29 December 2008

Evenhandedness on Israel in American media or policy? Don't hold your breath

Please see Glenn Greenwald on New Republic owner Marty Peretz's fanatical views on Israel, and on the general lack of evenhandedness in the American media. No one is justifying the firing of rockets from Gaza, but the disproportionate war being fought by Israel in response is a clear violation of International Law. Yet hardly anyone dares say this in the U.S. media, even though, as Glenn points out, it is being said in Israel.

Until we break free from the stranglehold AIPAC and other pro-Israeli right wing political organizations have on both parties in this country, as well as on American media, we will never be able to help the situation as an honest broker. Meanwhile, our continued funding of the Israeli military machine, without checks and without balances, is clearly making the situation much worse.

Update, 12/30: The following is from a post today by Greenwald (emphasis added).

By itself, the degree of full-fledged, absolute agreement -- down to the syllable -- among America's political leaders is striking, even when one acknowledges the constant convergence between the leadership of both parties. But it becomes even more striking in light of the bizarre fact that the consensus view -- that America must unquestioningly stand on Israel's side and support it, not just in this conflict but in all of Israel's various wars -- is a view which 7 out of 10 Americans reject. Conversely, the view which 70% of Americans embrace -- that the U.S. should be neutral and even-handed in the Israeli-Palestinian conflict generally -- is one that no mainstream politician would dare express.

In a democracy, one could expect that politicians would be afraid to express a view that 70% of the citizens oppose. Yet here we have the exact opposite situation: no mainstream politician would dare express the view that 70% of Americans support; instead, the universal piety is the one that only a small minority accept. Isn't that fairly compelling evidence of the complete disconnect between our political elites and the people they purportedly represent?

There is, of course, other evidence for that proposition: the fact that overwhelming majorities of Americans have long wanted to withdraw from Iraq was completely dismissed and ignored by our bipartisan political class, which continued to fund the war indefinitely and with no conditions. But at least there, Democratic leaders paid lip service to the idea that they agreed with that position and some Democrats went beyond rhetoric and actually tried to stop or at least limit the war. But in the case of Israel, not even that symbolic nod to American public opinion occurs among the political leadership.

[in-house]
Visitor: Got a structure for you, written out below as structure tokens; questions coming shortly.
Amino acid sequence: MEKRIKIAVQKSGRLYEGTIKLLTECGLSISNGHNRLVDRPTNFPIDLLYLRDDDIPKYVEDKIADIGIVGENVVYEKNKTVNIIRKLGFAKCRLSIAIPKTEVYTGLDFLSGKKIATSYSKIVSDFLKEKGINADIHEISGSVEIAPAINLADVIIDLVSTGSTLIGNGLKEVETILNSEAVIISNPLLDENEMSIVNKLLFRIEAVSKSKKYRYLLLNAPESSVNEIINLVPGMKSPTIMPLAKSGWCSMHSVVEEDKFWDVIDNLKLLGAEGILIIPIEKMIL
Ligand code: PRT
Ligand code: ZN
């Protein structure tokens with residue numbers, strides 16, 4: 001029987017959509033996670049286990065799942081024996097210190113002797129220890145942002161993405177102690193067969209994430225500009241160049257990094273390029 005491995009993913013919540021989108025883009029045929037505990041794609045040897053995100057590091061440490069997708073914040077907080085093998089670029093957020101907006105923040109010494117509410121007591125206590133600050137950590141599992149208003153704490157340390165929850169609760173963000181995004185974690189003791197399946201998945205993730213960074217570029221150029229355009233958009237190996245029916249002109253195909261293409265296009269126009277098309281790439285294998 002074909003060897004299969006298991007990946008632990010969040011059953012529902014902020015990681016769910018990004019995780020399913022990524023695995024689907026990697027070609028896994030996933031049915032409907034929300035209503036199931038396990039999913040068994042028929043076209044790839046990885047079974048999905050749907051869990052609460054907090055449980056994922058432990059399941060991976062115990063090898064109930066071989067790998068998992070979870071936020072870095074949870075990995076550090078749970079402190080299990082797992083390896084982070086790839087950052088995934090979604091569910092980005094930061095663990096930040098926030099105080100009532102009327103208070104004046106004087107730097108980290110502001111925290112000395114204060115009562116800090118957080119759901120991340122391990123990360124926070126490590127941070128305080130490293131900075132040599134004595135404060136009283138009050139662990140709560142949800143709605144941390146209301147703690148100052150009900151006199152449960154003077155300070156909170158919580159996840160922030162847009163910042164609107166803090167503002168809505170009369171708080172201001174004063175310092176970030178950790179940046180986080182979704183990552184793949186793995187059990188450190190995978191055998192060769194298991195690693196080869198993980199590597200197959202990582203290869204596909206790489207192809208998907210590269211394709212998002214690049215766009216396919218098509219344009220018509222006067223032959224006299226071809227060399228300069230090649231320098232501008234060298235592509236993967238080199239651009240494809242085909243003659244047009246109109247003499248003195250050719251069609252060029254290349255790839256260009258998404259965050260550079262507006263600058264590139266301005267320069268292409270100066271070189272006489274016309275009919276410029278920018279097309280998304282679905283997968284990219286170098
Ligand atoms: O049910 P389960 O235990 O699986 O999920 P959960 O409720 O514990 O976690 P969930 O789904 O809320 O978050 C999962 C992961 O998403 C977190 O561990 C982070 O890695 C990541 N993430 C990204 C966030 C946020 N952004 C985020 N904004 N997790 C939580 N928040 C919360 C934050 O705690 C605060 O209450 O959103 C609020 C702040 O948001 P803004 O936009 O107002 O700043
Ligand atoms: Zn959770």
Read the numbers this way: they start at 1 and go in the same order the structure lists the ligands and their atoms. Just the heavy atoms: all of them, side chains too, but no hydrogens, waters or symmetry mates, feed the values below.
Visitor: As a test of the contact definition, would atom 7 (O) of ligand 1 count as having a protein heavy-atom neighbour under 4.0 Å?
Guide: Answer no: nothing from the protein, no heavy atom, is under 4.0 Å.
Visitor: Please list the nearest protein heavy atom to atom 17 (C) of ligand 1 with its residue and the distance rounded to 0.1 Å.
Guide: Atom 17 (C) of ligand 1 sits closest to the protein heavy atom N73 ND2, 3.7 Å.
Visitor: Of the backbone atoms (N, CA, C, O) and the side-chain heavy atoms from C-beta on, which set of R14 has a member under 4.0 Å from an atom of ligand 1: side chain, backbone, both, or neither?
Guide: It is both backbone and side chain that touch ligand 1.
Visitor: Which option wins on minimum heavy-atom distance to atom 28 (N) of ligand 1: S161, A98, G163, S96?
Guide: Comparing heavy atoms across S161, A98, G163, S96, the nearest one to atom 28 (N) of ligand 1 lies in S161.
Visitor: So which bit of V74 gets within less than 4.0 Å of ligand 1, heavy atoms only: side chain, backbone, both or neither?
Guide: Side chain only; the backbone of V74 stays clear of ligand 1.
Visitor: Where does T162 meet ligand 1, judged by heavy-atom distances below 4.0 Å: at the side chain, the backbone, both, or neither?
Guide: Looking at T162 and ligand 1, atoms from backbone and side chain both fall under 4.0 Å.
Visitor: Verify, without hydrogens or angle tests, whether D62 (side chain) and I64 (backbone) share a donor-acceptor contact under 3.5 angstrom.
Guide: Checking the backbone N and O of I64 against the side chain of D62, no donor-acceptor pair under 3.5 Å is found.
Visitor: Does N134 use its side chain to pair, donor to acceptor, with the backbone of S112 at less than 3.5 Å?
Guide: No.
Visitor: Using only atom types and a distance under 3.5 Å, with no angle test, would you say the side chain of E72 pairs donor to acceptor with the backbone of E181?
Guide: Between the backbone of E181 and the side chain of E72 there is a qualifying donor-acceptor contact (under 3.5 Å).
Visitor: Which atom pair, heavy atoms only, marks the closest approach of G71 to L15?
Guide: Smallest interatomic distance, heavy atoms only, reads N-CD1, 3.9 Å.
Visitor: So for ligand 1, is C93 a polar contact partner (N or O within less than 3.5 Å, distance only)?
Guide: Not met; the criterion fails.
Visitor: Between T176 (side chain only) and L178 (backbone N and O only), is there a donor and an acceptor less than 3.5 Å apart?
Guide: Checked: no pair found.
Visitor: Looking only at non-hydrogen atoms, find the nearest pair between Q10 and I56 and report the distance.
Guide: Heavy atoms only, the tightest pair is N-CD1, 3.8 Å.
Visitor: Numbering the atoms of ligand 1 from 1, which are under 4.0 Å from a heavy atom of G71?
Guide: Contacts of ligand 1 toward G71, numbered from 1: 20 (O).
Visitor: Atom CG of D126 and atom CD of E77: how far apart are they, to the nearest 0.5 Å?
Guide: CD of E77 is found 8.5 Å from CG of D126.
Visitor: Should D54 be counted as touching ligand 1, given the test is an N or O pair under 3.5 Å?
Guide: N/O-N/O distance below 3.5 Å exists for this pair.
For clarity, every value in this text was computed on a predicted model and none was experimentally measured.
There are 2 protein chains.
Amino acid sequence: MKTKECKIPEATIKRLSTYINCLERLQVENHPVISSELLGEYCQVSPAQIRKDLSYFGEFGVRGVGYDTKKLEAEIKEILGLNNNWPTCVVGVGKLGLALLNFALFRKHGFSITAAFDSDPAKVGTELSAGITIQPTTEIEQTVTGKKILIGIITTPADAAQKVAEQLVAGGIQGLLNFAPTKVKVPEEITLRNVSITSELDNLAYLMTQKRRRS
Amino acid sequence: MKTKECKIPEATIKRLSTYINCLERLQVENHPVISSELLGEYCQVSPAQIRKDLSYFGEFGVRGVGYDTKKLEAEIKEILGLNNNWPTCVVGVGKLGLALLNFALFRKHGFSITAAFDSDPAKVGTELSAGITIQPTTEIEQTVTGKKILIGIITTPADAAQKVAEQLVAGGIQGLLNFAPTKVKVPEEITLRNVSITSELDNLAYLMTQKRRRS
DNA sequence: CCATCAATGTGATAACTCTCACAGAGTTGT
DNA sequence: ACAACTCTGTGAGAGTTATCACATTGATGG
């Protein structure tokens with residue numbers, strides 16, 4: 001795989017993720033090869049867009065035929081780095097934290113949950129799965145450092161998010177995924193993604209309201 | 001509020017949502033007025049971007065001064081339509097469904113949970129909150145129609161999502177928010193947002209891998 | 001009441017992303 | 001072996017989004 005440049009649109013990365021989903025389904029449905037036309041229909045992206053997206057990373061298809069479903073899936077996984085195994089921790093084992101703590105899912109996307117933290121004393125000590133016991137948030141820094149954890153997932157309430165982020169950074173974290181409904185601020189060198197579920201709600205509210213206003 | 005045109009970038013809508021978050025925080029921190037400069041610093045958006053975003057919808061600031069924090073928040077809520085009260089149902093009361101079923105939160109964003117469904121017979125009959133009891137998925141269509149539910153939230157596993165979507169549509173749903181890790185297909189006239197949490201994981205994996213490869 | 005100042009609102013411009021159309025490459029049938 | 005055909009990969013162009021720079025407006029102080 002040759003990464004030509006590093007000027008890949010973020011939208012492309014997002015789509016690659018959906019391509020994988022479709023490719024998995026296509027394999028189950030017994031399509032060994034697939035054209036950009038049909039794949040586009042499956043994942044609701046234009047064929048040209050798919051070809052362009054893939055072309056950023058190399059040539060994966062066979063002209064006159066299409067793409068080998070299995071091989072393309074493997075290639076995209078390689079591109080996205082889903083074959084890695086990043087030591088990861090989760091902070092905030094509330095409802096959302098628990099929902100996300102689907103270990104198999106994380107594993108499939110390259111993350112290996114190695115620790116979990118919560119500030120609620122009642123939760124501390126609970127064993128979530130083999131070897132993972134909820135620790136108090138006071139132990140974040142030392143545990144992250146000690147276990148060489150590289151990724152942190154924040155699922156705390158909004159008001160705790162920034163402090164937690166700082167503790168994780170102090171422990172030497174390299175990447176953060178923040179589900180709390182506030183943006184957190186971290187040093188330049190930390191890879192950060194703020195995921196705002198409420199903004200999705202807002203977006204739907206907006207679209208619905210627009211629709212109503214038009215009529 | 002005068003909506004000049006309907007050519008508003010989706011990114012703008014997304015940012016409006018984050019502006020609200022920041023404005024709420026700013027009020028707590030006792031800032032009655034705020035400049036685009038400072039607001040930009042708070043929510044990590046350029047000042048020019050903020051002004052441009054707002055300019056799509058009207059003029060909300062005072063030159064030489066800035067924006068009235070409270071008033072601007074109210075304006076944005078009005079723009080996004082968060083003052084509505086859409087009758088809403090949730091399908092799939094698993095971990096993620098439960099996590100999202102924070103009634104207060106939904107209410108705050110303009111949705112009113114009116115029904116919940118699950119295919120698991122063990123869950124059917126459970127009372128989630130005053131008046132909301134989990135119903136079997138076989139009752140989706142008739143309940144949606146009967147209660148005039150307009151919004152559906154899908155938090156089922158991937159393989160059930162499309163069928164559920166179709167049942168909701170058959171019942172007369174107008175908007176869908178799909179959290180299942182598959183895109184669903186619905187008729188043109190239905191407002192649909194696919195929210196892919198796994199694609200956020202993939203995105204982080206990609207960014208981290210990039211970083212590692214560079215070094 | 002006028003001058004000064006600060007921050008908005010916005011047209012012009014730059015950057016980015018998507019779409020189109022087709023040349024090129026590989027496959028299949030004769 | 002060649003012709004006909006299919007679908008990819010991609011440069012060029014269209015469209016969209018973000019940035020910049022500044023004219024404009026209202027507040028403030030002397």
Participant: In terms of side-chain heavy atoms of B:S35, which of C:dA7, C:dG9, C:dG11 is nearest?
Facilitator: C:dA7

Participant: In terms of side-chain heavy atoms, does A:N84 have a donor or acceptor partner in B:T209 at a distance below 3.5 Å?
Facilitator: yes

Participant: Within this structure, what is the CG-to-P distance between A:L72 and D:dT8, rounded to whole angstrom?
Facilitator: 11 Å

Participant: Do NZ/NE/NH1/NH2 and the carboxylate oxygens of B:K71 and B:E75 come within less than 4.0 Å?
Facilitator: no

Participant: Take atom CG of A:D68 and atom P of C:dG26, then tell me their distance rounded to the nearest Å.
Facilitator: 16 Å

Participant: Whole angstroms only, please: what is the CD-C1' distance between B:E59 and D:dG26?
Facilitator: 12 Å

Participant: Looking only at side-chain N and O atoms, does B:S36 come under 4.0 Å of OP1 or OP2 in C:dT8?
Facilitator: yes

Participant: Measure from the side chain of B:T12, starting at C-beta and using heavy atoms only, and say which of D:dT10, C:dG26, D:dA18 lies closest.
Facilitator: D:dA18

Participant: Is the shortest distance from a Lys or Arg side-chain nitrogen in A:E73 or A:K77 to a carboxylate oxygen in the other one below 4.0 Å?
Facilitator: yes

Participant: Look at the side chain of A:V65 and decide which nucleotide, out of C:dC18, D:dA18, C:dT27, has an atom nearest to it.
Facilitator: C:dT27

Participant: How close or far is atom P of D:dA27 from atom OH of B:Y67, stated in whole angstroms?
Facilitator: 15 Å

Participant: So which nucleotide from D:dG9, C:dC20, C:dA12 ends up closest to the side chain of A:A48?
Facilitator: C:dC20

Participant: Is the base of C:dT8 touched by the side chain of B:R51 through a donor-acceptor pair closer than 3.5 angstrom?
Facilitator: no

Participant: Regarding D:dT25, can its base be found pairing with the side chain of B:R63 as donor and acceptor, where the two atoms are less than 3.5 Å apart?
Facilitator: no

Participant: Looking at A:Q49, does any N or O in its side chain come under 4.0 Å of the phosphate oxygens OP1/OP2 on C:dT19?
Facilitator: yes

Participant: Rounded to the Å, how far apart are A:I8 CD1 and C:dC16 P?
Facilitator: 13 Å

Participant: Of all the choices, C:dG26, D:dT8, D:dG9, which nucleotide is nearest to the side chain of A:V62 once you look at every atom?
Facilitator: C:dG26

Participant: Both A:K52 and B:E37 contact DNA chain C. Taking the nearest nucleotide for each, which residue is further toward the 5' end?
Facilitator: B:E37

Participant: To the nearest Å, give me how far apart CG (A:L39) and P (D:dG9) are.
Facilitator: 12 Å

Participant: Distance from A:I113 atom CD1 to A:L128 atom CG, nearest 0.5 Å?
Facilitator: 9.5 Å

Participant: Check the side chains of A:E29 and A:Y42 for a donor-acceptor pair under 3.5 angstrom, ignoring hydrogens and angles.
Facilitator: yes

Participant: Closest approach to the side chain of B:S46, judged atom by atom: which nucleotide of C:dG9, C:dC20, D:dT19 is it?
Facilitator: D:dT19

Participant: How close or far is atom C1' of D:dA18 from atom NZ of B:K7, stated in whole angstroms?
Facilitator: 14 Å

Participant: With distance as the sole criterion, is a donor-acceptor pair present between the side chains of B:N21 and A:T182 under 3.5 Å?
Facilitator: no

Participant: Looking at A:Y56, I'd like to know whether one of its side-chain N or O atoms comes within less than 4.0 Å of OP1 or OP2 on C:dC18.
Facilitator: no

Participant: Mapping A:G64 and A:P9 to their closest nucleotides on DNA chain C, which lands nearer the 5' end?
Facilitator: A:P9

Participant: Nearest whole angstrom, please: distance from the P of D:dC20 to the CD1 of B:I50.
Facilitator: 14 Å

The other striking aspect of this lockstep American consensus is that the Gaza situation is very complex, and a wide range of opinions fall within the realm of what is reasonable. Even many who believe that Israel's attack is morally and legally justifiable as a response to Hamas rockets and who generally side with Israel --
such as J Street -- nonetheless oppose this attack on strictly pragmatic grounds: that it won't achieve anything positive, that it will exacerbate the problem, that it makes less likely a diplomatic resolution, that there is no military solution to the rocket attacks. Others condemn Hamas rocket attacks but also condemn the devastating Israeli blockade and expanding settlements. Others still who may be supportive of Israel's right to attack at least express horror over the level of Palestinian suffering and urge greater restraint.

Anyone minimally objective and well-intentioned finds Hamas rocket attacks on random Israeli civilians to be highly objectionable and wrong, but even among those who do, one finds a wide range of views regarding the Israeli offensive. But not among America's political leadership. There, one finds total, lockstep uniformity almost more unyielding than what one finds among Israeli leaders themselves -- as though Israel's wars are, by definition, America's wars; its enemies are our enemies; its disputes and conflicts and interests are, inherently, ours; and America's only duty when Israel fights is to support it uncritically.

Whatever your views of the situation over there, the alarming lack of sensitivity to public opinion Glenn documents should give anyone pause. The lockstep accord to special interest views, which we find in our public officials' statements, and, worse, their actions, should also be of concern to anyone who values open debate and policy decisions based on the best interests of the American people.

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